Ecovative Design, a biotech company in Green Island, New York, designs products made from mycelium, the living root structures of mushrooms.

What looks like a giant marshmallow is a mushroom, which can give a convincing alternative or leather, or even a strip of crispy vegan bacon when sliced and fried. And this one lab is growing an eco-friendly replacement for styrofoam, that light but bulky material that takes up about one-third of the space in most landfills.

Our entire philosophy is based on this idea that nature provides. Mycelium is a brilliant solution to both the plastic waste problem we face and animal agriculture,” says Eben Bayer, co-founder and CEO of Ecovative


All the products at Ecovative start with these natural building blocks. “We have about a hundred different strains in-house and we will analyse those for the different material properties that they have,” says Alex Carlton, senior scientist at Ecovative Design.

Myco Composites are one of the company’s best-selling products. They have similar properties as styrofoam, but they are completely biodegradable. The moulds are designed using large recyclable plastic sheets. The heat makes the sheets pliable so they can be easily shaped into anything.

They start with corn husks, wood chips, or hemp, which are usually thrown away by local farms. Then there goes some fungal spores and water, and the mixture is packed into moulds and the mycelium grows by feeding on the agricultural waste. And in just a week, the form-fitted moulds will be ready to get shipped.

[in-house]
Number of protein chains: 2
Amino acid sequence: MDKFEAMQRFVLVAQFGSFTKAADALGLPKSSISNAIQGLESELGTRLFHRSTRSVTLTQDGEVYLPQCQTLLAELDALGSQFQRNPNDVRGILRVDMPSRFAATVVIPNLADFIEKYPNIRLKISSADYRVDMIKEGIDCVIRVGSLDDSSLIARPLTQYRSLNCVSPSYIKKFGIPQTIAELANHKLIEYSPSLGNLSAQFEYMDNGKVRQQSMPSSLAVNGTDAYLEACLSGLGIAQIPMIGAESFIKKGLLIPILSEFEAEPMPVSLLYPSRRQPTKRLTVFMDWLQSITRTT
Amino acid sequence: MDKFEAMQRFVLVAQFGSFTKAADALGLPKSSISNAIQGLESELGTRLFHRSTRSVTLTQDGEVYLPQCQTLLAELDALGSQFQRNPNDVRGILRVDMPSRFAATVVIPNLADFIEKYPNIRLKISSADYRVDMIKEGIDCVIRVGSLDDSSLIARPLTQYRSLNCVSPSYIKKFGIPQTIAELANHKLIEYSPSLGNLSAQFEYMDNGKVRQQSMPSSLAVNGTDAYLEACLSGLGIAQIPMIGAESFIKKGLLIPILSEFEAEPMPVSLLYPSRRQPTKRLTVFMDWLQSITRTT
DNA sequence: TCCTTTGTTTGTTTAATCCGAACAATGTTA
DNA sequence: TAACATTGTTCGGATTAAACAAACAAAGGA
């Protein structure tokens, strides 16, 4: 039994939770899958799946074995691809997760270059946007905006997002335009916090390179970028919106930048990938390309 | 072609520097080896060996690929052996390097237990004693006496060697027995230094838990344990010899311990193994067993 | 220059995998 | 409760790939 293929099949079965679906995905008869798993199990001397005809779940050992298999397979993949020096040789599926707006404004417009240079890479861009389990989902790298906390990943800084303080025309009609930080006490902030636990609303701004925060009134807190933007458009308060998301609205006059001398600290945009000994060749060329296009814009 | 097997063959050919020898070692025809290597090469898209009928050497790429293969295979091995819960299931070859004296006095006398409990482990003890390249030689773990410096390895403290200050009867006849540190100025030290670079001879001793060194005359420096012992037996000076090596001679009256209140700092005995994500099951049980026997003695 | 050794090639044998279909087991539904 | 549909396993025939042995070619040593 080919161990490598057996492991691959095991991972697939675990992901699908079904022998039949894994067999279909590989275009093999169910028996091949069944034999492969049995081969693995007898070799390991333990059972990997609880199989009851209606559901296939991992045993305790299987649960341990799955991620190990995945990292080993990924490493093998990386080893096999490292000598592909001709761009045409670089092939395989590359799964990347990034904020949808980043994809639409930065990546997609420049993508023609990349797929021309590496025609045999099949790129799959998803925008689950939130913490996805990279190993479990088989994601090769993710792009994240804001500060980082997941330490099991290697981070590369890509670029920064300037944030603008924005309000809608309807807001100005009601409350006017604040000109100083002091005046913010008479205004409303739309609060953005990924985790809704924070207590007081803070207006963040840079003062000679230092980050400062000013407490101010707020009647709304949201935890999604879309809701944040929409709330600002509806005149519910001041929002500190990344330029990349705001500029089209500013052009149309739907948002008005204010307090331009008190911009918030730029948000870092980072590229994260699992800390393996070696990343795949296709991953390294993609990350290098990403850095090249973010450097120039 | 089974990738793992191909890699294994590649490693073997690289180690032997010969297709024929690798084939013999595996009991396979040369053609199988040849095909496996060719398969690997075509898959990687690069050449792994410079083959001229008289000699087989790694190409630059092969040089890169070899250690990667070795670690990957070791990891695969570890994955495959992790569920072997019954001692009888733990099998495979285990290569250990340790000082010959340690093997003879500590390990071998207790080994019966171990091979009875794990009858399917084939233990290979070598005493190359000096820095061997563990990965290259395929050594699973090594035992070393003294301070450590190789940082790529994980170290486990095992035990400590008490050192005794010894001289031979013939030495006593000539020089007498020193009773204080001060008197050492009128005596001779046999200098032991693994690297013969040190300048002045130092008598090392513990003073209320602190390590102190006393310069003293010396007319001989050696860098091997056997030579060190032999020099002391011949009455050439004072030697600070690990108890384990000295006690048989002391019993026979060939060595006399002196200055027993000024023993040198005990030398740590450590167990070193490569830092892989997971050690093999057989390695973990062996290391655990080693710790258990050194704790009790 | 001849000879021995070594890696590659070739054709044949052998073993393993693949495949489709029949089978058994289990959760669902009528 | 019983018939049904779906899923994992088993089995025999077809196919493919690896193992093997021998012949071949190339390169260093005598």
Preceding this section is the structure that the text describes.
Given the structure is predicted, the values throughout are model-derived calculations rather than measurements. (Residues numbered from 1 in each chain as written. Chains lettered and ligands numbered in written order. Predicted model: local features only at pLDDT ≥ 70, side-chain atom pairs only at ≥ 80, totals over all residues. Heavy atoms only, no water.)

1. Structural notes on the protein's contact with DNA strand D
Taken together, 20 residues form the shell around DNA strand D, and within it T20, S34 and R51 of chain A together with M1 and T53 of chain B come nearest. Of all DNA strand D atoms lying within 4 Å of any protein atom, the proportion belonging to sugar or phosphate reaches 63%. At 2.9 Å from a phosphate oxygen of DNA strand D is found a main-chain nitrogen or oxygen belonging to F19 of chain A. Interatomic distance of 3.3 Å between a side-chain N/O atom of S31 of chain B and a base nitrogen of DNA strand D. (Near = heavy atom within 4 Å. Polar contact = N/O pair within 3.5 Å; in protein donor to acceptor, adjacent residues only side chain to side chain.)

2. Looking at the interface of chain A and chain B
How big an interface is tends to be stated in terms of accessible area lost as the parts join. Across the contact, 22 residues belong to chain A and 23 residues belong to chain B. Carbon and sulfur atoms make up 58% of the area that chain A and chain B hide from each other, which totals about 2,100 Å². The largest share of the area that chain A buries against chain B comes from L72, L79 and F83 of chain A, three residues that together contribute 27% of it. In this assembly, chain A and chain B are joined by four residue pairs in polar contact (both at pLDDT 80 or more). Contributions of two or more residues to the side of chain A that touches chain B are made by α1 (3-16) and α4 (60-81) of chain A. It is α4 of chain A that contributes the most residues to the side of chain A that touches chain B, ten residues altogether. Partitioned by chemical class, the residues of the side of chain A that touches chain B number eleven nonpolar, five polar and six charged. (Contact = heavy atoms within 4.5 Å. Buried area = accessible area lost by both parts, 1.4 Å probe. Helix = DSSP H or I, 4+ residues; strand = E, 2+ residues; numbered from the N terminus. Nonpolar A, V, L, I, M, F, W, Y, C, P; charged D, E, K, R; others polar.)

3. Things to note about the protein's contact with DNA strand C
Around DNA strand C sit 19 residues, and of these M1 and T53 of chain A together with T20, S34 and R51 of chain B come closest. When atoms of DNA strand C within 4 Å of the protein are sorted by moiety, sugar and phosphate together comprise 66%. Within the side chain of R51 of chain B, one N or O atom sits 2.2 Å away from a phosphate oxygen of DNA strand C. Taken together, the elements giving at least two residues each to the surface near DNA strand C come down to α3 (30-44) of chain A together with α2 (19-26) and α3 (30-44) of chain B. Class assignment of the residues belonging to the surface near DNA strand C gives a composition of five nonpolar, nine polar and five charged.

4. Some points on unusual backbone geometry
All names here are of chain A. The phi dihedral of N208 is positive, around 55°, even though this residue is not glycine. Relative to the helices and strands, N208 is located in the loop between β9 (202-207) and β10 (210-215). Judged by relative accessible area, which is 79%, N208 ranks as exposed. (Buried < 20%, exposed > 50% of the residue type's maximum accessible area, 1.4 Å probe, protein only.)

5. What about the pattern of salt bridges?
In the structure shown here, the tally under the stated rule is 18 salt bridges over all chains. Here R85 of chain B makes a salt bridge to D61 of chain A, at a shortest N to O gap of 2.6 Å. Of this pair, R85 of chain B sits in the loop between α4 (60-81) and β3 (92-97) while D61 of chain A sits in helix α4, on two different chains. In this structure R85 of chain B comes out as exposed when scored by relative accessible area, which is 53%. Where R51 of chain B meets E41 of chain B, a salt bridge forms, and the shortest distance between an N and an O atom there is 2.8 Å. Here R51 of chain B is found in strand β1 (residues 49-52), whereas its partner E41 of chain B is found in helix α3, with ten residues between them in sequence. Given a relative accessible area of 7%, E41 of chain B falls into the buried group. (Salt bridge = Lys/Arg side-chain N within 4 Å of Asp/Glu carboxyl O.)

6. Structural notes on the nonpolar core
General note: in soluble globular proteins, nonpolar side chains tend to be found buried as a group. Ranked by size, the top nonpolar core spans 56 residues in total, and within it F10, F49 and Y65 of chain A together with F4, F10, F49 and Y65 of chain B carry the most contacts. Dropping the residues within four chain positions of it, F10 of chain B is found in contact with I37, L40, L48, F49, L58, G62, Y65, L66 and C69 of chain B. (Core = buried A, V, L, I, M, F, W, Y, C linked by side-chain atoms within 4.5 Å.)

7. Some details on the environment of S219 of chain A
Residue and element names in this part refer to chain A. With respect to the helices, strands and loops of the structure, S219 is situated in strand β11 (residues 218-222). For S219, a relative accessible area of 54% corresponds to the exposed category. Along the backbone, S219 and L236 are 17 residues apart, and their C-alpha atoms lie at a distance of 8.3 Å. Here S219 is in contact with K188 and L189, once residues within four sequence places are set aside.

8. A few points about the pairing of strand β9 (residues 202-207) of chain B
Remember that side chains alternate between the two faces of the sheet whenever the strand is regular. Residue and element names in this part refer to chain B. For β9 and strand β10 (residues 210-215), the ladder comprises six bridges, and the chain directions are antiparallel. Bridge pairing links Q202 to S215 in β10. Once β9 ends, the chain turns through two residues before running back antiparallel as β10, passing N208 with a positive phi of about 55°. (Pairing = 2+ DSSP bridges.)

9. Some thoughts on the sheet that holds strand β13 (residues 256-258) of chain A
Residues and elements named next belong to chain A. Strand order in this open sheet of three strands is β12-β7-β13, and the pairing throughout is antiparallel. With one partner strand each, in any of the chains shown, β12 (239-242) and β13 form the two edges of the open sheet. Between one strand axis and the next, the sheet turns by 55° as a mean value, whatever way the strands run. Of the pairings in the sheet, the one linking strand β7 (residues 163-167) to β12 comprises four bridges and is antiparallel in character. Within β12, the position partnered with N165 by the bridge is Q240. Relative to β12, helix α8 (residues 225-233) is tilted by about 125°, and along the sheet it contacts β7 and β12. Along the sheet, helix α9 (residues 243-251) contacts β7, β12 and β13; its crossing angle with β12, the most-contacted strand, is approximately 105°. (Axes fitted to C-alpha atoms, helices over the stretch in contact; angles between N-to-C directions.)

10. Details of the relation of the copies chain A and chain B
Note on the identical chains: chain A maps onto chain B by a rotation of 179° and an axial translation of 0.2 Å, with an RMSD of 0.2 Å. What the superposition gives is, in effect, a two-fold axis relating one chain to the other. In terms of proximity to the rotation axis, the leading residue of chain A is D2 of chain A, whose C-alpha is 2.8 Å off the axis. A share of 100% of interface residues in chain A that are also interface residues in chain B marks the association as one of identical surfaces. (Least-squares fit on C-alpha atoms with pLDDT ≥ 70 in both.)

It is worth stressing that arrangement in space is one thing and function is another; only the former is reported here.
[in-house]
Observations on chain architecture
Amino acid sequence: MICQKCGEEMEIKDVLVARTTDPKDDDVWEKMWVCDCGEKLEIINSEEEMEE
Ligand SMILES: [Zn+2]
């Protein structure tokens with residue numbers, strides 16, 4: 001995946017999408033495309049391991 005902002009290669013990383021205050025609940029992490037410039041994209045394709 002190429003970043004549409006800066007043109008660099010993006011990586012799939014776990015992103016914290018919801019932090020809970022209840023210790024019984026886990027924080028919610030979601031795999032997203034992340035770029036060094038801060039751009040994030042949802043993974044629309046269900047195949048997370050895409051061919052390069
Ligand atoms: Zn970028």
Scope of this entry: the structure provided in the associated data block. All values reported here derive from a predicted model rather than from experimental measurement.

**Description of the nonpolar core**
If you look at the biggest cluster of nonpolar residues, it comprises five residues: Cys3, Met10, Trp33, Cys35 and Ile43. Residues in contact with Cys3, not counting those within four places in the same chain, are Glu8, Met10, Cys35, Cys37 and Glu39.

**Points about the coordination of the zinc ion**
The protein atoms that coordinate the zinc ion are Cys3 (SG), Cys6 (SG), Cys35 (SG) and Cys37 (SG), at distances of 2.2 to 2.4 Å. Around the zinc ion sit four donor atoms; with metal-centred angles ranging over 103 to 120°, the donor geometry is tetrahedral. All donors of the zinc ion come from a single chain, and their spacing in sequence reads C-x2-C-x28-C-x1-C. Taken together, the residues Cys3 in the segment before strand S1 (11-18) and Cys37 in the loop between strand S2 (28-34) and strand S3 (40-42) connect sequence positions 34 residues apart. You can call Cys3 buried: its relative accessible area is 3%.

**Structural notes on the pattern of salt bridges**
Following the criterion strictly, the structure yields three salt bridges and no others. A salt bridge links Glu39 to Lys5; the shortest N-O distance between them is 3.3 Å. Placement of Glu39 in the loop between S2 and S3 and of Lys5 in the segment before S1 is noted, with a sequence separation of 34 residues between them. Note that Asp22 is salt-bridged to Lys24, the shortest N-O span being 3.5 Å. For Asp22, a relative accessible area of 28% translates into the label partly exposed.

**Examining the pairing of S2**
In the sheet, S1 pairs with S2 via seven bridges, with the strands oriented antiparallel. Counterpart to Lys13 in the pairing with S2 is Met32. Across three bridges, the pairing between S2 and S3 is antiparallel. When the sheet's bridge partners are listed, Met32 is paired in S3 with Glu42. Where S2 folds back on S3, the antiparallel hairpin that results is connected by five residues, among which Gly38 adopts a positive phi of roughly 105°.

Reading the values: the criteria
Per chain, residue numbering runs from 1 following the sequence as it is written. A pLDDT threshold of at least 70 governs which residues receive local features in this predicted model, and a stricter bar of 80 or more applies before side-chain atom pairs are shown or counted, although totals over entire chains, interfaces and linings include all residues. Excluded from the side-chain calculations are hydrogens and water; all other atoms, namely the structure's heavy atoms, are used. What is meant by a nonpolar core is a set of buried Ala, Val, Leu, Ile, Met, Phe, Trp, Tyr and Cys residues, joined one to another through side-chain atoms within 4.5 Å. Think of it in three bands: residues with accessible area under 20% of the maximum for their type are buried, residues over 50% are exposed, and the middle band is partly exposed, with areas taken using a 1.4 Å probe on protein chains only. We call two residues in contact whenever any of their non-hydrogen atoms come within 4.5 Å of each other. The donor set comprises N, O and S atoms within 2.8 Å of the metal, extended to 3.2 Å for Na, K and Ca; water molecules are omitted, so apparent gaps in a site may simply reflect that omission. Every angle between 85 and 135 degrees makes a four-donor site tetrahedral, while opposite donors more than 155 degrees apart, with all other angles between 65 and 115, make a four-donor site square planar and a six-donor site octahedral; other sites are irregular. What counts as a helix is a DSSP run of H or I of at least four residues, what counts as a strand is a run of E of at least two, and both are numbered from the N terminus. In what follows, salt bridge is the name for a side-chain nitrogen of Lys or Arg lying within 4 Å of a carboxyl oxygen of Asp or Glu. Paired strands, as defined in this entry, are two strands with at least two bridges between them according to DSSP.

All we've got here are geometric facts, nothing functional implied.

The final material is a little heavier than the styrofoam but velvety soft to touch, and this kind of packaging breaks down in just 30 days. Conventional styrofoam can stay in the environment for up to five centuries and less than one per cent get recycled.

When it comes to making leather and vegan bacon, Ecovative Design has a unique process, which, according to the company, consumes far fewer resources than the real ones. Workers start with agricultural waste and spores, but here the mixtures go into vertical farms, growth chambers that provide them with the condition of natural soil, and the marshmallow kind of material that comes out is called ariel mycelium. It takes around 10 days to grow completely, and the largest chambers can grow up to 200,000 pounds of mycelium per year.

In 2018, Ecovative Design got its leather-making process licensed to Bolt Threads. They make Mylo a leather alternative used in clothing and handbags. In 2020, the company launched My Eats, a line of mushroom-based meat alternatives. The “my” here stands for mycelium. The first product is called My Bacon, which is ariel mycelium cut into slices, compressed, and seasoned. This bacon option is high in fibre, has the same amount of protein as a regular bacon slice, and a fifth of fat.

Eben Bayer and Gavin McIntyre founded Ecovative Design in 2007amd and launched their Myco Composite packaging in 2011. In 2020, the company produced over 6 million pounds of Myco Composite.

Right now, My Bacon is only available in one grocery store in New York, but the company plans to reach more in 2021. It is currently building farms with the capacity to produce 1 million pounds of mycelium per year. The company recently raised a capital of $1 million and, according to Eben, the company is harnessing the potential of the living world.

Tazeen Ansari